Metrorail hasn't changed much since '76. But some long overdue updates are coming. Image: Wikimedia Commons
Metrorail hasn’t changed much since ’76. But some long overdue updates are coming. Image: Wikimedia Commons

By Daniel Wilcock

Like me, Washington DC’s Metrorail subway system was born in 1976. Also like me, it is starting to show its age. This was never clearer than in the June 2009 Fort Totten train collision that killed 9 people, injured 80 and kept passengers trapped for hours. Since then the system has been a joke by international standards, with single-tracking and multiple station closures common—especially over weekends.

Decades of delayed maintenance due to the chronic underfunding driven by the system’s fractured governance have finally caught up. The endless outages have settled over the city like a rain cloud that never leaves. Blogs like Unsuck DC Metro have gained big followings by serving as a conduit for rider rage. It’s been so bad for so long that any positive stories about the system are liable to be held forth for universal ridicule.

But in a sneaky way, a lot of nifty improvements are cresting on the horizon. Here are three reasons for cautious optimism:

1) The silver line will be an equal partner to the old-school color lines (orange, blue, red, green, and yellow). When the Washington Post published the new system map this week, designed by Lance Wyman, the same man who designed the original map 37 years ago, I was relieved to see the silver line shooting all the way through town. Previous maps had the line ending at East Falls Church, raising the annoying prospect of needing to transfer to get downtown in an encumbered and jet-lagged state after touching down at Dulles Airport.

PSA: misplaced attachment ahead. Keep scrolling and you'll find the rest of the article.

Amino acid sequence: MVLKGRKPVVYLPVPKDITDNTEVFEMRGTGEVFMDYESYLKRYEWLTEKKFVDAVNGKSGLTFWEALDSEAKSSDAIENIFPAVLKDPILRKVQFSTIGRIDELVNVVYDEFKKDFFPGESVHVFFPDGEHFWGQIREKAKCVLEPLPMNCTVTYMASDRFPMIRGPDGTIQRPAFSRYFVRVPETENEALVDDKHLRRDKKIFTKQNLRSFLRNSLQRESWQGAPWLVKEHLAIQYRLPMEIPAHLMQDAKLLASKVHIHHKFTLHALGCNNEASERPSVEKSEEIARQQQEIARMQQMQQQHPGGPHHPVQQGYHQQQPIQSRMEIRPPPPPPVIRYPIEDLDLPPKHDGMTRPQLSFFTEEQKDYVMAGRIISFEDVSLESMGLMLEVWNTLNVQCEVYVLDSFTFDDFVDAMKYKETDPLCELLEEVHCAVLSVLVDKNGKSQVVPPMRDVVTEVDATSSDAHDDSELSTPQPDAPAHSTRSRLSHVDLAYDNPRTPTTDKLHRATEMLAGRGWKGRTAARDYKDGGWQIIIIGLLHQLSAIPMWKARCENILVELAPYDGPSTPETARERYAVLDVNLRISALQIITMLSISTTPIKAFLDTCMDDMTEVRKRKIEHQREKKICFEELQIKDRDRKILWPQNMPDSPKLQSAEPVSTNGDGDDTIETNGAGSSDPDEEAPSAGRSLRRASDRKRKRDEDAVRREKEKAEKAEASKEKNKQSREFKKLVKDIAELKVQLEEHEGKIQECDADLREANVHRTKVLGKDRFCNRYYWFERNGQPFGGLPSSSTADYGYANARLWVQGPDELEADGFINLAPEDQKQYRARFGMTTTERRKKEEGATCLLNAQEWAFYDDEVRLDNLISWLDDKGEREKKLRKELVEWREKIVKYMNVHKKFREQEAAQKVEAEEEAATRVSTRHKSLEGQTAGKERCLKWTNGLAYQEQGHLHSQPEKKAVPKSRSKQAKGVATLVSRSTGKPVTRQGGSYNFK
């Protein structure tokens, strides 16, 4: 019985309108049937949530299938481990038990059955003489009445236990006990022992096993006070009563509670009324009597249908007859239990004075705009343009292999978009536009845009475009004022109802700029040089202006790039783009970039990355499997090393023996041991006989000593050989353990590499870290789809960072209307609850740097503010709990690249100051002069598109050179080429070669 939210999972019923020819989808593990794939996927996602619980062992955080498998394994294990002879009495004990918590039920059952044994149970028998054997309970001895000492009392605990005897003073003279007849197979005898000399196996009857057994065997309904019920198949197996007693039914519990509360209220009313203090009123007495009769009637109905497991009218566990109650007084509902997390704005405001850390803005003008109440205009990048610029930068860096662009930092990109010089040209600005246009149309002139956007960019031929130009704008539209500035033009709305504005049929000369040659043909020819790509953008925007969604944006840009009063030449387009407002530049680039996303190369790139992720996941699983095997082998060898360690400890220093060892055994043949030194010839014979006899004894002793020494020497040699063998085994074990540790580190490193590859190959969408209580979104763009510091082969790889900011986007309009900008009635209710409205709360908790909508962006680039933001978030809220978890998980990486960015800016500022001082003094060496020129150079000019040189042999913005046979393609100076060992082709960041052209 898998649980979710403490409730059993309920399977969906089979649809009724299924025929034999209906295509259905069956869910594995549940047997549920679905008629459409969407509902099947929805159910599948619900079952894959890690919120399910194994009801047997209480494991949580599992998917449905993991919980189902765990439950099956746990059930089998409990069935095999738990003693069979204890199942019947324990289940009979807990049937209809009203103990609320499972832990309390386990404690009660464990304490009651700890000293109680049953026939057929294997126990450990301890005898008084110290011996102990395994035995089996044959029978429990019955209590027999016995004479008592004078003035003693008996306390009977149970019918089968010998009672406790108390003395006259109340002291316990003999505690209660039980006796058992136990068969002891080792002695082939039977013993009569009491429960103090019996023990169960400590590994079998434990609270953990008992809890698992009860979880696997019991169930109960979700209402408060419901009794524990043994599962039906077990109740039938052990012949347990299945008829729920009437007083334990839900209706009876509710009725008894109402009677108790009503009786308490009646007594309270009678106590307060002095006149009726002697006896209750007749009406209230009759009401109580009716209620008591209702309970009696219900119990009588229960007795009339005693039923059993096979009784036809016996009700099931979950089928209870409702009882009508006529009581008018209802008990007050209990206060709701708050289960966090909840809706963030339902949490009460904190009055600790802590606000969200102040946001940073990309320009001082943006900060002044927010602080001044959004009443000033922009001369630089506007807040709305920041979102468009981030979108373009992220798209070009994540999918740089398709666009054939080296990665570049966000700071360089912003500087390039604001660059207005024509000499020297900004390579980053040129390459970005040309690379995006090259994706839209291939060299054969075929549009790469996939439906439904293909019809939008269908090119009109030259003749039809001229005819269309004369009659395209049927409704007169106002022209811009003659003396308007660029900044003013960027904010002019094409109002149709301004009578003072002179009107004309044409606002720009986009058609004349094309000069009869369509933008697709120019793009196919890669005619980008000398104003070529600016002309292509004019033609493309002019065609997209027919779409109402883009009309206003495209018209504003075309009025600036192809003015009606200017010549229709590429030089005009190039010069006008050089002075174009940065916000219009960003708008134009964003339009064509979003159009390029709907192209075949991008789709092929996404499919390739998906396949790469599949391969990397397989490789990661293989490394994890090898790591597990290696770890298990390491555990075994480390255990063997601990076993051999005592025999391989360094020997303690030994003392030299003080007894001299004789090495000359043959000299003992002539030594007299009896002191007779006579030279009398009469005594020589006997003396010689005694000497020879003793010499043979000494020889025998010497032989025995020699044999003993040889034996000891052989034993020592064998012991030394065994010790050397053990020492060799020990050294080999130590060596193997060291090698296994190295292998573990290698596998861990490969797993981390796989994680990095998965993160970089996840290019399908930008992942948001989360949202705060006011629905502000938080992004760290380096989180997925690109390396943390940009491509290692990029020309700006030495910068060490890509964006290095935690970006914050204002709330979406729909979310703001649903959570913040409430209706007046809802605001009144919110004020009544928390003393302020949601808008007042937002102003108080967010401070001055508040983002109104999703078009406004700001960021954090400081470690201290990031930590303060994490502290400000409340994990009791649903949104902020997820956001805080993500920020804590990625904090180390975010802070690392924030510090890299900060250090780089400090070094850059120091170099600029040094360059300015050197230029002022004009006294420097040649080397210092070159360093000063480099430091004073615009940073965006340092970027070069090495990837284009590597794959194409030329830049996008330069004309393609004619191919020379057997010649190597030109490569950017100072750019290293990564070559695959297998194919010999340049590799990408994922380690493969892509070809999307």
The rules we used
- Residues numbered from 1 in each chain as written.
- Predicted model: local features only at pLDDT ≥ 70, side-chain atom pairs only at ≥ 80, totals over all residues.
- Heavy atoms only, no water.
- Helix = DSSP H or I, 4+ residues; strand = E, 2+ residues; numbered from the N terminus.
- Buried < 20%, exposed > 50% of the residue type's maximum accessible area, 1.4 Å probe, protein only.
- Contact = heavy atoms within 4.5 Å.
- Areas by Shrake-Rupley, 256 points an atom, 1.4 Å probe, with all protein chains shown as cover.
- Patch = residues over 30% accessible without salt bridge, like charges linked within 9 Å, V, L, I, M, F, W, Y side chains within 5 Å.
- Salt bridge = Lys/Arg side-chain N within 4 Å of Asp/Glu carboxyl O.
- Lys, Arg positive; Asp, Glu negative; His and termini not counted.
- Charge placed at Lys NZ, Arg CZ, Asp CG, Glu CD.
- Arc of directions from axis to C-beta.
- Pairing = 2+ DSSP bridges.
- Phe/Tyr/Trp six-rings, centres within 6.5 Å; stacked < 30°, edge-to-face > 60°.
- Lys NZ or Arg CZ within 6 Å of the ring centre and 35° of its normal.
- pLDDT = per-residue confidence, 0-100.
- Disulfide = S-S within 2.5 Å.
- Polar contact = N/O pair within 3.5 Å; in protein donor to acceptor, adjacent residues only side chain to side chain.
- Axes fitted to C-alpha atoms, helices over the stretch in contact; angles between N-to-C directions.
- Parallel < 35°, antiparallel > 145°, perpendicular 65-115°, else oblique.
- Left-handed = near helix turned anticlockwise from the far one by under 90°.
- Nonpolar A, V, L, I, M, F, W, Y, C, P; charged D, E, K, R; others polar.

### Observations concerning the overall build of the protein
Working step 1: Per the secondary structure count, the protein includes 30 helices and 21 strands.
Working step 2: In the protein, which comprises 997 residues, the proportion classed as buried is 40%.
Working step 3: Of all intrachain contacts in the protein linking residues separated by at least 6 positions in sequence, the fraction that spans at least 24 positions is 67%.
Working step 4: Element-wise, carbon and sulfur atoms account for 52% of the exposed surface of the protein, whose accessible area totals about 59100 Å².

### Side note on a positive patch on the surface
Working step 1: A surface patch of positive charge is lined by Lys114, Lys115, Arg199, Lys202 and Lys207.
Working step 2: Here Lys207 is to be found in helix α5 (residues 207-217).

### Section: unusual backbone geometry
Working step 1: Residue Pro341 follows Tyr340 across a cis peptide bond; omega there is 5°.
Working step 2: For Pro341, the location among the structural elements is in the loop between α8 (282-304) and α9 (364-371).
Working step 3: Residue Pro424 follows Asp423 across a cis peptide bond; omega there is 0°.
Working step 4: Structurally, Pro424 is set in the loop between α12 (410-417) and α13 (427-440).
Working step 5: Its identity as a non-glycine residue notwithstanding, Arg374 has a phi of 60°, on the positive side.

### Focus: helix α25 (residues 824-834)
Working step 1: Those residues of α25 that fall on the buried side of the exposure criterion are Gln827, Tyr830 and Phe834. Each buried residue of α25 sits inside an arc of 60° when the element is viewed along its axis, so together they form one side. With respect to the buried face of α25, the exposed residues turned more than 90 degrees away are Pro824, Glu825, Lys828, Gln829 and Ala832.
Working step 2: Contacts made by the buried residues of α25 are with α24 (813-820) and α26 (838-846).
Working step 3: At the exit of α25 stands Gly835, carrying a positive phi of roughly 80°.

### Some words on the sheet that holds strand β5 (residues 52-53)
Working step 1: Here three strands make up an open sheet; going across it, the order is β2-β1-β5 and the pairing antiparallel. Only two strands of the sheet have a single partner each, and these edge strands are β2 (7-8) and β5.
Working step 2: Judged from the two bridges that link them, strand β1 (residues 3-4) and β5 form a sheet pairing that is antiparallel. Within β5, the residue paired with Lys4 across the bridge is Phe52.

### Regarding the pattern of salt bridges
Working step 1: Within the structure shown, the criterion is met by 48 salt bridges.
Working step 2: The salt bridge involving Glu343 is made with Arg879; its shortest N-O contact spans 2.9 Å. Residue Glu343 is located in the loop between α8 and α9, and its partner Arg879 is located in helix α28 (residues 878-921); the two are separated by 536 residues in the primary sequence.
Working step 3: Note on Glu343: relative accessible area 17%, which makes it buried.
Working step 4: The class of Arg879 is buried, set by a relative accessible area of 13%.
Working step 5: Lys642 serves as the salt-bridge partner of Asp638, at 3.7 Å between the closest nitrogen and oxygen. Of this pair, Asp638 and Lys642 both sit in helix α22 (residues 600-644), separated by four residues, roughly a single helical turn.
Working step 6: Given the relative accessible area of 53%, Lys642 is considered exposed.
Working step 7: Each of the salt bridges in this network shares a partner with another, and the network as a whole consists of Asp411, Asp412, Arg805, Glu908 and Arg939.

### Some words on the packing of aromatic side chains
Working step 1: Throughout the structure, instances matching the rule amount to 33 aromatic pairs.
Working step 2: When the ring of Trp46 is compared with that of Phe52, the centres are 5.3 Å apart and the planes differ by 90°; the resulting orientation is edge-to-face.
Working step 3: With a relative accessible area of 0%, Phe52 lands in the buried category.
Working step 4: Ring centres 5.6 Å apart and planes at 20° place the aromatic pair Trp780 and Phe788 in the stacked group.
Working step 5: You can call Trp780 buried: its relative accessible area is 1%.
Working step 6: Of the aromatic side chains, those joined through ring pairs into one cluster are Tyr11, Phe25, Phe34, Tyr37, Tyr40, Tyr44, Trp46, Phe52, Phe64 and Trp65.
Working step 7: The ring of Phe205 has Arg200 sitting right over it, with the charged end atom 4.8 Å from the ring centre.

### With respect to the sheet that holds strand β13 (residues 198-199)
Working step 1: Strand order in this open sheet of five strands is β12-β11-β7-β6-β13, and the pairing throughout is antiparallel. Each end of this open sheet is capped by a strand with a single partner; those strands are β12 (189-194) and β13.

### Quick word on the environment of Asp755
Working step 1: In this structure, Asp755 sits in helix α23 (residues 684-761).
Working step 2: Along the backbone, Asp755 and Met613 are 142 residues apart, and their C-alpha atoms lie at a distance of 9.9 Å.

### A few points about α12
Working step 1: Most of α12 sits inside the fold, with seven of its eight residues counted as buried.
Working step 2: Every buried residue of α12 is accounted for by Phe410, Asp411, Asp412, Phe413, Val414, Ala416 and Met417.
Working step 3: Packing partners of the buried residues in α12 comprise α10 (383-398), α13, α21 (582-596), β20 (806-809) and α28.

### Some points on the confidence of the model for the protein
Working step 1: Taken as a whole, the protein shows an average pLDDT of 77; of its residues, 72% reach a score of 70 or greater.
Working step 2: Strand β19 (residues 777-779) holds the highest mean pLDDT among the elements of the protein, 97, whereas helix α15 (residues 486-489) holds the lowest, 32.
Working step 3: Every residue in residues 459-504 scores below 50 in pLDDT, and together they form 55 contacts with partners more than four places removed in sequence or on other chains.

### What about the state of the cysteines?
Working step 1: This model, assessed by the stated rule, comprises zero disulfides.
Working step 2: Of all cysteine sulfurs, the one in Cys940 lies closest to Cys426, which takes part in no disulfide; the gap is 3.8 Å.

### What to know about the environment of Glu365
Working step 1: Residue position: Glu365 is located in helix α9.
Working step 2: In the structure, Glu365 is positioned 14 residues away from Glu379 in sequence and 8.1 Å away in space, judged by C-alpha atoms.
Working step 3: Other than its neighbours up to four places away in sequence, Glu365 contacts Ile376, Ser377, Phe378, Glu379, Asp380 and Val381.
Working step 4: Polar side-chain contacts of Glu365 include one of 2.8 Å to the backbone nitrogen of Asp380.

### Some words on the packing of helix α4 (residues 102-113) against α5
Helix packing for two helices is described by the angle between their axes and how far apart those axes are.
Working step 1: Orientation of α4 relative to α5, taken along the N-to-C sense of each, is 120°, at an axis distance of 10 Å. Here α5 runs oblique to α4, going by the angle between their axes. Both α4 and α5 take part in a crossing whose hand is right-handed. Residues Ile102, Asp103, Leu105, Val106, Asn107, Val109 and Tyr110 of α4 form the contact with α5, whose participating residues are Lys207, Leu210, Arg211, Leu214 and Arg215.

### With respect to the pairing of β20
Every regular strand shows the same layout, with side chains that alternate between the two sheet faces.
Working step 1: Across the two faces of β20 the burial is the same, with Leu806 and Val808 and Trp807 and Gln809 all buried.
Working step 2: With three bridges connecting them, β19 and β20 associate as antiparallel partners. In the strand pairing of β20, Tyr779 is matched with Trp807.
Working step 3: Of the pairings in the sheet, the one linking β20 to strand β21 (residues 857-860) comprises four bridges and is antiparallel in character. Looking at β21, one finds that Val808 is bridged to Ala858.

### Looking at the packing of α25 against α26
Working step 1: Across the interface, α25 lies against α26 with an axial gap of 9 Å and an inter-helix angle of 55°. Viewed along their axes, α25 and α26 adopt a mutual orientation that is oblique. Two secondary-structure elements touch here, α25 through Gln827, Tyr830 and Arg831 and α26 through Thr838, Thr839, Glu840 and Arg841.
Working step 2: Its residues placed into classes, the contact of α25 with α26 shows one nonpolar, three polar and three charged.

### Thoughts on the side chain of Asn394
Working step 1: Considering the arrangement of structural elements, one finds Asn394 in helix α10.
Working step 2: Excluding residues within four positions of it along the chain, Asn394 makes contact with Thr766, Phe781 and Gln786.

2) The new rail cars will be made by Kawasaki, a Japanese company. Having lived in Japan, I can attest to the quality of Japanese rail systems. The 1976 models designed by an Italian firm, still in use, will one day be a topic for nostalgia. However, I don’t think they’ll be missed. The prototype from two years ago of the 7000-series, which will replace more than half of the system’s cars within the next five years, pointed to some cool features such as video panels. When these cars start to roll out, I’m certain that folks will notice the almost-four-decade design difference. At the very least, the new cars promise to not have such consistent air conditioning problems.

3) You’ll be able to pay your fare using a smartphone. Buried in a recent Post article was the following bit of news:

“[Metro’s General Manager Richard] Sarles said the agency also had decided to buy new fare gates that will allow riders to pay as they enter with a SmarTrip card, a credit card or a smartphone. The stainless steel gates will be installed throughout the Metrorail system and will replace the 1970s-era gates. Riders should begin seeing the new fare gates next year, officials said.”

This is the logical evolution of Metrorail’s SmarTrip card system, reducing the need for smartphone owners to carry around yet another plastic card.

In other metro news: SmarTrip cards are getting cheaper, and, within the next few months Metro will put its trains back on autopilot (they’ve been operated manually since the 2009 accident, with resultant choppy service).

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